The fearmongering about the state licensing only 100 growers is based on OFM's fiscal analysis of I-502. For retail license estimates, they used the exact number of licensed liquor stores. For the other two tiers, they admitted to having no basis, and chose the round number 100.
Re: Informed - You are uninformed. How much are you willing to bet that there will be no more than 100 licenses?
I have a card. I have someone who grows for me. He's very informed, though multiple sources (gov't officials, attorneys, lobbyists) on the developments in both medical and recreational cannabis. What he's reported to me on the subject of whether recreational will be better or worse than medicinal is that there's currently a push to limit recreational THC content to 6% (as opposed to the current average I usually see at dispensaries of 14-15%, sometimes significantly higher). Now I know that much of this is still up in the air and possibly subject to a great deal of change in the future, but I don't think that bodes well for recreational users who will go through the state's proposed system.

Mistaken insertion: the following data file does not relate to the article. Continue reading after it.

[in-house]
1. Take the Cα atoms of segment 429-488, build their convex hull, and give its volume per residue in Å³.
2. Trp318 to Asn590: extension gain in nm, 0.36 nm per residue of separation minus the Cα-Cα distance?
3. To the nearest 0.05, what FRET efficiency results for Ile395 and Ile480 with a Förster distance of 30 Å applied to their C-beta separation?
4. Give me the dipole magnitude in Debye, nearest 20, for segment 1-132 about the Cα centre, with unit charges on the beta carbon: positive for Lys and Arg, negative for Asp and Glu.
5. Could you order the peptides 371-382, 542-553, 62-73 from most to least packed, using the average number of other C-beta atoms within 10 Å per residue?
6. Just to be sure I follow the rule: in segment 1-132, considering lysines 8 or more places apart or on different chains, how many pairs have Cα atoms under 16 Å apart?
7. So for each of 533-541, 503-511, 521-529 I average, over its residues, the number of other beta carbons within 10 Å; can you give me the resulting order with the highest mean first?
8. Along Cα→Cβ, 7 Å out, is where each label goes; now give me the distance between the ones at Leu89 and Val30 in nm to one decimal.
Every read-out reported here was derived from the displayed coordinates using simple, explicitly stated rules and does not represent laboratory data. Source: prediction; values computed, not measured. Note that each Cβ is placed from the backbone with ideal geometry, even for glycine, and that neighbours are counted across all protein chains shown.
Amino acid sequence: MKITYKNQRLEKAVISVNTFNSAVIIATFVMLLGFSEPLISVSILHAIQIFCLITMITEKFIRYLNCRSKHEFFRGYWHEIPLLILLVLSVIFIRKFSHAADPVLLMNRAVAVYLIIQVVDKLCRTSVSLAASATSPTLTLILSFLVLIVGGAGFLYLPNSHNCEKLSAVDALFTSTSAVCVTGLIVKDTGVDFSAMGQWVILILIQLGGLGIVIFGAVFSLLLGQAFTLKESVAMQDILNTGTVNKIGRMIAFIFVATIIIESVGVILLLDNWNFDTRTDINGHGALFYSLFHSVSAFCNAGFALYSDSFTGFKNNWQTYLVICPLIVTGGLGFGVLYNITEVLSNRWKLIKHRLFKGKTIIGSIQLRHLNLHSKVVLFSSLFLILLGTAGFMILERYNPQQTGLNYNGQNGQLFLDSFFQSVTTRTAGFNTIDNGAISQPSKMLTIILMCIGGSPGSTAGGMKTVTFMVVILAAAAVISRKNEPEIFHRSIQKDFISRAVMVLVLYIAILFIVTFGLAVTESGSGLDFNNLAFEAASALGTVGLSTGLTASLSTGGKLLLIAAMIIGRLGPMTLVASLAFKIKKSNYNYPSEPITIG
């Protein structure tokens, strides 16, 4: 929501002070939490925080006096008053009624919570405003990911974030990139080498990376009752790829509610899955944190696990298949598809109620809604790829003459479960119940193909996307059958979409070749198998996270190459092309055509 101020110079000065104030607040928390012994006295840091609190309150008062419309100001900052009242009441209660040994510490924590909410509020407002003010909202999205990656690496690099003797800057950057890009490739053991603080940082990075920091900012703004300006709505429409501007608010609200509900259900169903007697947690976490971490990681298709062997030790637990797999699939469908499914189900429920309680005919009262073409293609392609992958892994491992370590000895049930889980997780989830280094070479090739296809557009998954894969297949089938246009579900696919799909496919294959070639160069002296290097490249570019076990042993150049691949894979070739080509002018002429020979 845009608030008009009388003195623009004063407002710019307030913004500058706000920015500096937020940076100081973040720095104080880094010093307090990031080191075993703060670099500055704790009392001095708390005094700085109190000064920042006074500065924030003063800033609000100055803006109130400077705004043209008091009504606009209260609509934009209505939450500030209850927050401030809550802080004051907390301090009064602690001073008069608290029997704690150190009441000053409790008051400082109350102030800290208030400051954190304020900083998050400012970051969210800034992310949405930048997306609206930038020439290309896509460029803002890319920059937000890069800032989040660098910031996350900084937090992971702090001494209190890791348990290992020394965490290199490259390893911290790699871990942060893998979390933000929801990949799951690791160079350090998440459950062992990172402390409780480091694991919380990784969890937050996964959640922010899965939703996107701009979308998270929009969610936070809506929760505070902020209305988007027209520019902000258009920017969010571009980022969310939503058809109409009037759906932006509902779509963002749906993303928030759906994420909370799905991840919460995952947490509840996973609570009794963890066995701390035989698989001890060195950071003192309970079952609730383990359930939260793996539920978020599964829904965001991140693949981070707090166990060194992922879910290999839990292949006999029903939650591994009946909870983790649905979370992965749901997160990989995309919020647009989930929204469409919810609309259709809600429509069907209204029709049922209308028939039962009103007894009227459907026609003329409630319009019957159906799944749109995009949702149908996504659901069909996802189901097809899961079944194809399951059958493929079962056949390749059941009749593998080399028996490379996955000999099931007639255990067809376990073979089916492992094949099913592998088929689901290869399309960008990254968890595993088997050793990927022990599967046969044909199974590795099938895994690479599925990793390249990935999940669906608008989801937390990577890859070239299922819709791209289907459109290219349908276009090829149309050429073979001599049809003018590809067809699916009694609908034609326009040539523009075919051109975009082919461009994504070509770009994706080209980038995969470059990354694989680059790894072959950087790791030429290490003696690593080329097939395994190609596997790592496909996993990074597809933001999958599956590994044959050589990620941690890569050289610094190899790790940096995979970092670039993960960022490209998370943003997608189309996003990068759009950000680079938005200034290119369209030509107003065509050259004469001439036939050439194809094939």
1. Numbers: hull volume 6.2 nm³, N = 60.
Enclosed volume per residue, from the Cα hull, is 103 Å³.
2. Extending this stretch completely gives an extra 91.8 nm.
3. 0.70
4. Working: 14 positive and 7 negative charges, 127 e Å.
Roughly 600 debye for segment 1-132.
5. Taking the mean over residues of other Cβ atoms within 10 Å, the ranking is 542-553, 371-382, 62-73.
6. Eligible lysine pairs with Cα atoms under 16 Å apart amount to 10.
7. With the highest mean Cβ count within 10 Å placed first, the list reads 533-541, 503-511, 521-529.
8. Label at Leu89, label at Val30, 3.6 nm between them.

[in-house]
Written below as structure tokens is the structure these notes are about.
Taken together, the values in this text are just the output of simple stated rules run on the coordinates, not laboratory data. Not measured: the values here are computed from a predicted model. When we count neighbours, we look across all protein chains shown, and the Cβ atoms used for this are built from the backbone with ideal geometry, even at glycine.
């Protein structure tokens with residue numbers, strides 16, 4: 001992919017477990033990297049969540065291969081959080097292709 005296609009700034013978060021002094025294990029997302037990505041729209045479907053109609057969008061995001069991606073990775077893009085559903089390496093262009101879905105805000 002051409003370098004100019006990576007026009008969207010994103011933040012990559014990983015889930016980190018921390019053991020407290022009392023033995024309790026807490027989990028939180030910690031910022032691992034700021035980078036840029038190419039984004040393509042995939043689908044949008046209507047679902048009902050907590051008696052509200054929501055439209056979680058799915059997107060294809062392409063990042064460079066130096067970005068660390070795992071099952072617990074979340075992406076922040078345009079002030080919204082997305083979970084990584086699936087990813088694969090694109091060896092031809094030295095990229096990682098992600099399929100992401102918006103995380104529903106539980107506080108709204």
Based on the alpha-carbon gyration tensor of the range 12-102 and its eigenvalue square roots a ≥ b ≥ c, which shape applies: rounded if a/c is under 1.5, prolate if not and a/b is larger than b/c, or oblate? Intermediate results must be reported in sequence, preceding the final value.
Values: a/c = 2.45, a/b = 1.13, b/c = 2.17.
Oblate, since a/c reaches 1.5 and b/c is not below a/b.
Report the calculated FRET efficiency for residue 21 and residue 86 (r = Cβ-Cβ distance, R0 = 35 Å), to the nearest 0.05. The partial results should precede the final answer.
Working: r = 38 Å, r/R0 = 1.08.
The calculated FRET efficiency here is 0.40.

#20, that doesn't surprise me. Even the Dutch have imposed a 15% cap, at least officially. But I doubt the state cartel will be able to make it stick. You need to remember that Washington State will be, after all the hoorays have died down, just one more competitor.

True, they'll be a cartel with the state on its side, but I'm not sure that matters very much, given that the illegal pipeline predated the dispensaries and still goes strong.

It'll be interesting to see if Washington State can turn itself into the Medellin Cartel. I tend to doubt it.
MMJ dispensaries shtick, "providing medicine
to the sick" isn't going to fly anymore.
Now, it is a revenue issue and Wa State is
the 400 lbs. guy at the buffet table and he is
HUNGRY. MMJ dispensaries are just in the way.

I am somewhat neutral on how Wa State deals